When I was a few years deep into the Detroit hip hop scene in the early 2000s, I found that I was looking for something more. I followed the trail of music I was already listening to at the time from producers like Jay Dee, DJ Premier, Alchemist, and Madlib to a whole other facet that sought the same ideals as those names but brought in an interesting new vision. I had just discovered Dabrye, who was re-inventing the way hip-hop and electronic music came together, along with the whole Ghostly International label, that gave me an easy access in my own home area to electronic made music of all sorts. Through all of those discoveries led me to a radio show that opened the doors and the ears of people like me to music that pushed the electronic and soul boundaries across the globe; that show was Benji B's Deviation on BBC Radio 1xtra.
After the likes of Eminem, Royce Da 5'9", and Slum Village had left their mark on hip-hop around the world, the music of Detroit from the early 2000s was slowly starting to pour out to the radios and iPods everywhere. It was someone like Benji B that became one of first to really bring together the long legacy of Detroit dance music along with the new classes of Detroit hip hop and electronic, all the while giving a place to where those worlds came together and wove it seamlessly with like-minded artists from all around the world. Detroit was a significant part of the music played on Deviation, but more importantly, Benji B showed Detroit's importance in all aspects of electronic based music from the past and present.
Memories of just laying in my bed and the opening keys to The Detroit Experiment's "Higher" play, or the rhythmic sounds of a Theo Parrish remix, or the newest Jay Dee production, only coupled with the music that Benji B would break from new artists, made his show a weekly education. Music from a Benji B favorite like Detroit's own Waajeed was regularly played and offered some of his first worldwide exposure. There was even times when I used to mail a package full of Detroit records and CDs to the BBC Radio offices in care of Benji B, and he would end up playing a few of them on-air, and many instances that would actually end up being the first time (and for some the only time) they would get airplay outside of Detroit, let alone otuside the country.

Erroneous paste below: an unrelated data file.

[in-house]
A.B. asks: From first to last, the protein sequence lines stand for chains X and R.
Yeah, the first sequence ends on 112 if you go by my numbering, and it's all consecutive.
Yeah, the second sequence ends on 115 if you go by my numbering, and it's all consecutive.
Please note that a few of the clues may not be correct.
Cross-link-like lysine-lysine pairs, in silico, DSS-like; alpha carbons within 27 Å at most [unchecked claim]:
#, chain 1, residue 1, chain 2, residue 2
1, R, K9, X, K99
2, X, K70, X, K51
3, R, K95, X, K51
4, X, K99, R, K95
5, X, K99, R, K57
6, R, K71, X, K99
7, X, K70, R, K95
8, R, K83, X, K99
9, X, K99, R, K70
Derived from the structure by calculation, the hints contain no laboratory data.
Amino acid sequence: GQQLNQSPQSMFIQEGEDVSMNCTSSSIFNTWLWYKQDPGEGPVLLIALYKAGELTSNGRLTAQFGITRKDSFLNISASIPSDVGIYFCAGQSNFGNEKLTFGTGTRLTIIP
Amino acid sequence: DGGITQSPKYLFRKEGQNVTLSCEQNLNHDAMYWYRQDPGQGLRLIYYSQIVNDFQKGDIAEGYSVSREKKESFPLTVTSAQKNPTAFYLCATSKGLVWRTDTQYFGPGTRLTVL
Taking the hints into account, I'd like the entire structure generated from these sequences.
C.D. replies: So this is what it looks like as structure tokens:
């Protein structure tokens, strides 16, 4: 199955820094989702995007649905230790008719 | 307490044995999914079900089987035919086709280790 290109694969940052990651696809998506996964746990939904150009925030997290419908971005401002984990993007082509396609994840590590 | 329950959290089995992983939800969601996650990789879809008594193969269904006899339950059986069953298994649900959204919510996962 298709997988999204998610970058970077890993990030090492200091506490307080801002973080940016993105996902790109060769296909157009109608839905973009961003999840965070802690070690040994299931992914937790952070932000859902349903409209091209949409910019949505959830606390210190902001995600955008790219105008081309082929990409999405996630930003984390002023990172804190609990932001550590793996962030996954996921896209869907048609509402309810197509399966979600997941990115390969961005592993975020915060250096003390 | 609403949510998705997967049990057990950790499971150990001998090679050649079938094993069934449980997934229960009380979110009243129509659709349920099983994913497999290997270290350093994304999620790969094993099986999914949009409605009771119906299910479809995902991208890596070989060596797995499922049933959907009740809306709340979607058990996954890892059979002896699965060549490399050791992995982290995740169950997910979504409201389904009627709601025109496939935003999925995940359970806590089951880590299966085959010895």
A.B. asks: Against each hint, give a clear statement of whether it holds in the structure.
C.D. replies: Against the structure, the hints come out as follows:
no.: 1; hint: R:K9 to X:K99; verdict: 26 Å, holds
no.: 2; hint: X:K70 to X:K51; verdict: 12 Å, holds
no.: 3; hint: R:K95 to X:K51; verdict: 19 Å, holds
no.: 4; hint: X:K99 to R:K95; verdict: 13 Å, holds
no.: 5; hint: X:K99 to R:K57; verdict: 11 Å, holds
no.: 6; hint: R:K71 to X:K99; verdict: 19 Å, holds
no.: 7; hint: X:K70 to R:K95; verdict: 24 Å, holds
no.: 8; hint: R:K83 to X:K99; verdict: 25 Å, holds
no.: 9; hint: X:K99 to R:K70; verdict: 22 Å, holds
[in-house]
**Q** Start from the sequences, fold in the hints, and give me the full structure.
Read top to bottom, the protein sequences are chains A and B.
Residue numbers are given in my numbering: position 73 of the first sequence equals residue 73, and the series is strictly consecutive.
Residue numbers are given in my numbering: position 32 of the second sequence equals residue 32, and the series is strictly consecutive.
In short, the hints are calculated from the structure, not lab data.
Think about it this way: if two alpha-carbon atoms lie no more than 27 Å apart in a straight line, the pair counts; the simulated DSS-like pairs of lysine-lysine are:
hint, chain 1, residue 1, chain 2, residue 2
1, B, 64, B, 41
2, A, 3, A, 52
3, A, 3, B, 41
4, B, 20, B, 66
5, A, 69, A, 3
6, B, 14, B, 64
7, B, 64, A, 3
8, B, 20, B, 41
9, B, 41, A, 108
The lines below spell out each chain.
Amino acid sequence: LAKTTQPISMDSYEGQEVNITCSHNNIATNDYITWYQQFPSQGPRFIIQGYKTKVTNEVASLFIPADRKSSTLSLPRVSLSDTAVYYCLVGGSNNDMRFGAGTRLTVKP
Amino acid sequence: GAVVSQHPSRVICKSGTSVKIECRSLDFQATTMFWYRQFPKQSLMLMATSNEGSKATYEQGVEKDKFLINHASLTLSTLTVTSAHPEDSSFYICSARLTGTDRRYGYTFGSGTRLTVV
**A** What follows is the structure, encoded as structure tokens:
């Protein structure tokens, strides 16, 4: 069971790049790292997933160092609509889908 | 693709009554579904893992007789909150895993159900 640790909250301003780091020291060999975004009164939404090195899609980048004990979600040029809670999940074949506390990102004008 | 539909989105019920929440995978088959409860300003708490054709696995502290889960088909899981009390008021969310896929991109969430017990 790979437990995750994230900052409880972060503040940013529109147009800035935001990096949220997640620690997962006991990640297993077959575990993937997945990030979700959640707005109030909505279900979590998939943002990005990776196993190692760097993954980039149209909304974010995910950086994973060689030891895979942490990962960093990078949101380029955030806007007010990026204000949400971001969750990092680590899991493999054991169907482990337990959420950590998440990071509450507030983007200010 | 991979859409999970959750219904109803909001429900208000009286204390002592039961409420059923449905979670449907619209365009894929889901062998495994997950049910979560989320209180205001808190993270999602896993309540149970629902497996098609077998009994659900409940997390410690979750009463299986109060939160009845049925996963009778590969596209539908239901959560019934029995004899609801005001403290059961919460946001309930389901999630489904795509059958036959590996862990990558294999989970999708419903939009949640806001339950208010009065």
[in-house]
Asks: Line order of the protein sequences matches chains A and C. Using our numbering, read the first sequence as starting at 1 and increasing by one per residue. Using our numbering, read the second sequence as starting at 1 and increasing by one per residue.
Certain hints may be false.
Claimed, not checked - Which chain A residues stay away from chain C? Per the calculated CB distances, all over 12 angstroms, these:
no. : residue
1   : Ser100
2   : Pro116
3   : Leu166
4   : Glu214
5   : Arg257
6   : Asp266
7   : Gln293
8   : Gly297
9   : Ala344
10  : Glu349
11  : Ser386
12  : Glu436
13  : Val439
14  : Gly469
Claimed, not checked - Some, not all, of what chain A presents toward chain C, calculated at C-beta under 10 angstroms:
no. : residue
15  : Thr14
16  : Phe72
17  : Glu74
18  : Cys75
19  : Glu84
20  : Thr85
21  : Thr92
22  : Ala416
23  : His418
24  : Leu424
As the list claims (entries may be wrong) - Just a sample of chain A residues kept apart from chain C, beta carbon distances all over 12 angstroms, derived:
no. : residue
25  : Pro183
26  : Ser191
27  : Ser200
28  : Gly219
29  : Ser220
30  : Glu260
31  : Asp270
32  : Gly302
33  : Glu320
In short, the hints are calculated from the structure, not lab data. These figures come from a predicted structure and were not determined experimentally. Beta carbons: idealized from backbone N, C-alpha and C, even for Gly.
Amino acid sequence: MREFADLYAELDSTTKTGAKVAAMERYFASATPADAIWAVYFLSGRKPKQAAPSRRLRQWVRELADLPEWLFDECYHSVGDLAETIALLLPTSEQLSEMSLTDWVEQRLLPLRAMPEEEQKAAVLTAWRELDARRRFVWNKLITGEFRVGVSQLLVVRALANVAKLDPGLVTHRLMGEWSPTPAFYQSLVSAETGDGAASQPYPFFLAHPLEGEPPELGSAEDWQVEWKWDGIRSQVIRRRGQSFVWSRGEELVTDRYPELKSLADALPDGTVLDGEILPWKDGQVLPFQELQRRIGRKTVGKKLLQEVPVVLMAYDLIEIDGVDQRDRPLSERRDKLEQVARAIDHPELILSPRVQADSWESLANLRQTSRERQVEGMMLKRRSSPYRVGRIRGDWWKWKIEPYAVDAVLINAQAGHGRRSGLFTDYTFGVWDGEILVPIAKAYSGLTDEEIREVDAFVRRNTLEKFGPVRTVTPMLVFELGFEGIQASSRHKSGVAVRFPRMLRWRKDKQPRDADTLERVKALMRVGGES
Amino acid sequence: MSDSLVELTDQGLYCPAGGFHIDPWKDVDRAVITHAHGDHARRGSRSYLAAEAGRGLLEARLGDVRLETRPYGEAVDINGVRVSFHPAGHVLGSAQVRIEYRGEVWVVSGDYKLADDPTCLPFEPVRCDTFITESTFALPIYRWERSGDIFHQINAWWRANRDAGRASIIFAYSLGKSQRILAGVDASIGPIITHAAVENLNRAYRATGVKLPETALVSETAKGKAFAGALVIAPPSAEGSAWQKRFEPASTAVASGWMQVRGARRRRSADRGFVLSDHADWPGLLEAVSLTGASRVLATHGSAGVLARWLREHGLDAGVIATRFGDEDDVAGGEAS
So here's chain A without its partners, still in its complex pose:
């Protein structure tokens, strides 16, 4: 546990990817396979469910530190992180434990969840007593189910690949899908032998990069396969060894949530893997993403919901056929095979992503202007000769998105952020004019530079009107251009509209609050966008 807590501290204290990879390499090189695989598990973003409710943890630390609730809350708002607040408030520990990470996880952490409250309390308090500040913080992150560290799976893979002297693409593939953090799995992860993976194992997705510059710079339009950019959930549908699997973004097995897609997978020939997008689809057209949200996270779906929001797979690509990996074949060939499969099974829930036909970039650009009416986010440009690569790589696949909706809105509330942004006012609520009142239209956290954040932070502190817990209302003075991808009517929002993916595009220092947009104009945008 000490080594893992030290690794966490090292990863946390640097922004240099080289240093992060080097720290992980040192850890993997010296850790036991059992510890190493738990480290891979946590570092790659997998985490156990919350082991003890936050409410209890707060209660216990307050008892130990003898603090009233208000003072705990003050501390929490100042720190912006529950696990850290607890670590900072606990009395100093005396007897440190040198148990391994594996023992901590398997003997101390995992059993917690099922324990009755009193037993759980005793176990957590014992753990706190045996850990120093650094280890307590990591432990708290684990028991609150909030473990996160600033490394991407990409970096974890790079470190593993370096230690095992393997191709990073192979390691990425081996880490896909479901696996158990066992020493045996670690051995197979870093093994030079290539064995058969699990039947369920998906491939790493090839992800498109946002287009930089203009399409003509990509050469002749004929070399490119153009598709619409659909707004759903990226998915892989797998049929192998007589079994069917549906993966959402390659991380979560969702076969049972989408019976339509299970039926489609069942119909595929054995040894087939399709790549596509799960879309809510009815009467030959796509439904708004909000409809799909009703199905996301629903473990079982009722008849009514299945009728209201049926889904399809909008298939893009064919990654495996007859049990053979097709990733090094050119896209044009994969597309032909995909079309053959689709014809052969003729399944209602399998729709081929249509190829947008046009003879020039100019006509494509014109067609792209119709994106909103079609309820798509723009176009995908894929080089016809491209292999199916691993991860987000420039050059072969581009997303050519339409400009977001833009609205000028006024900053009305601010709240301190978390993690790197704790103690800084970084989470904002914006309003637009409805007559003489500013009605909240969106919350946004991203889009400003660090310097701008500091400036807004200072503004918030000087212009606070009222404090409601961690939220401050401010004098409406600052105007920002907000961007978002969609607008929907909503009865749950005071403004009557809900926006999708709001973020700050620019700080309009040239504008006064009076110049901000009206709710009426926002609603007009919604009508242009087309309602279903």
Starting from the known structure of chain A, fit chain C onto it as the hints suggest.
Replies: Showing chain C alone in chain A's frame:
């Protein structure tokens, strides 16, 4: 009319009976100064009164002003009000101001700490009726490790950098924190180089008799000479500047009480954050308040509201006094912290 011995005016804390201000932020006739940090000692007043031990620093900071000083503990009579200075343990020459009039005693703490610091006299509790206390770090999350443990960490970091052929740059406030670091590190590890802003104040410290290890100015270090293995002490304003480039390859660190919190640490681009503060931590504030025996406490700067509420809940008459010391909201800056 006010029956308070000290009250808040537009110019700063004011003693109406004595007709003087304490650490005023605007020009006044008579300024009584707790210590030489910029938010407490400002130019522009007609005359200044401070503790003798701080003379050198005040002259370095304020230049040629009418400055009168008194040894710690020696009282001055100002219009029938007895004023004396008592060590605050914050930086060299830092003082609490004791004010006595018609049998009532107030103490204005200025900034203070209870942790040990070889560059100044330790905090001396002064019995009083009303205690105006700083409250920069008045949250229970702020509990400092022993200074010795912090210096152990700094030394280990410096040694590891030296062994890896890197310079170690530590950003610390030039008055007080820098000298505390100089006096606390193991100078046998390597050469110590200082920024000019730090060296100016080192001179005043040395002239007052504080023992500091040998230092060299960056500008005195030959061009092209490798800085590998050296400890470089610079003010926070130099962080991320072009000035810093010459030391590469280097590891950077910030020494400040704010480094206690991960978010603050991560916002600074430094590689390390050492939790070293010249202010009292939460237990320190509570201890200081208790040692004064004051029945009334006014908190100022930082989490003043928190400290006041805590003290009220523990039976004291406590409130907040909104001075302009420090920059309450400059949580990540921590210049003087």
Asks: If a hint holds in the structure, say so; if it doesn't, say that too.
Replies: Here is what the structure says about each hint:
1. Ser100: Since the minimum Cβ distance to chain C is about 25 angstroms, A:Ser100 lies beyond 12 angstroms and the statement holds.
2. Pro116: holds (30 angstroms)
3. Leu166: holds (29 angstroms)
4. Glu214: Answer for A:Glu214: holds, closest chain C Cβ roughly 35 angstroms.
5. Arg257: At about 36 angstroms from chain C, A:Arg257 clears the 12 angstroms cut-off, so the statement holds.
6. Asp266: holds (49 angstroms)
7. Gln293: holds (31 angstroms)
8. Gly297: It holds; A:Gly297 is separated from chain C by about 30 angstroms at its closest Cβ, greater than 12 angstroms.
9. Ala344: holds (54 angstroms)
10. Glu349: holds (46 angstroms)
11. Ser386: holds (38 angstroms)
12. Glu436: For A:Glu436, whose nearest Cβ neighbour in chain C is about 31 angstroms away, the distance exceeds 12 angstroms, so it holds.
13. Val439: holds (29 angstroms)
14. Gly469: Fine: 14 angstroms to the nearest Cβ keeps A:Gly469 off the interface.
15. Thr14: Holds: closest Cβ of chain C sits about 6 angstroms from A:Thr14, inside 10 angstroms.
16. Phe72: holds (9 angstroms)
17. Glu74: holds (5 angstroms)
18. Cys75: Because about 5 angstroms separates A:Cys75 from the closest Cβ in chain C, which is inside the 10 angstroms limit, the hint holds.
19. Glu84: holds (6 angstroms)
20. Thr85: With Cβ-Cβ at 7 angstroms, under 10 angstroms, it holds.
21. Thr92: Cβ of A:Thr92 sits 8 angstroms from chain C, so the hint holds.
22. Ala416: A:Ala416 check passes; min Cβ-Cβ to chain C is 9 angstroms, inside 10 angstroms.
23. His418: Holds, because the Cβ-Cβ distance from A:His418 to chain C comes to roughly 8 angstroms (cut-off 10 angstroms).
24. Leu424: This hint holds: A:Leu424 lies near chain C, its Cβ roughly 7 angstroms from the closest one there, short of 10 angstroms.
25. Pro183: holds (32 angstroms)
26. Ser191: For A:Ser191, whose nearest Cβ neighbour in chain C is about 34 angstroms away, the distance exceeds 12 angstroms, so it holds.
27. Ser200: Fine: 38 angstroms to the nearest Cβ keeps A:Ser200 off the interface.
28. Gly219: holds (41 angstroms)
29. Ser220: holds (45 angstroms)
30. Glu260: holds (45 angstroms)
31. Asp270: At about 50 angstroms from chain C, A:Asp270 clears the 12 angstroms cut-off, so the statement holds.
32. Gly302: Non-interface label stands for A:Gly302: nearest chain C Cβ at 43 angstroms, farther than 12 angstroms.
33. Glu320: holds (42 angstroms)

Benji B was mentored under another legendary BBC Radio DJ, Gilles Peterson, but Benji would soon have a vision that went beyond what Peterson was doing and championed music pushing intense boundaries to the radios and webcasts worldwide. Deviation was like a blueprint of the type of music that would become commonplace in the "beat scene" of Los Angeles, among other thriving producer-based music communities. Benji B never kept his show in a box, and respects the legacies that influenced the artists making this cutting edge music he would deliver to us each week. Anyone that has their toe in the water of any sort alternative, leftfield type electronic music and hip hop for over the past decade should owe a debt of gratitude towards DJs like Benji B. It's with their unmitigated passion to test the limits of music that we all have a place to listen, make, and share all the wonderful art that we love. Good music will always be here to stay as long as we continue to have people to fight for it.
Benji B now airs "The Benji B Show" on BBC Radio 1 and does regular Deviation club nights around the globe. Benji B is bringing the Deviation club night to Detroit on Saturday, March 8th at the TV Bar (2548 Grand River) with special guests Kenny Dope, Dam-Funk, and Waajeed as a part of the Red Bull Music Academy Bass Camp Detroit. For more information on Red Bull Music Academy's Bass Camp Detroit, visit redbullmusicacademy.com.
(Photo Credit: Lauren Michelle Pires)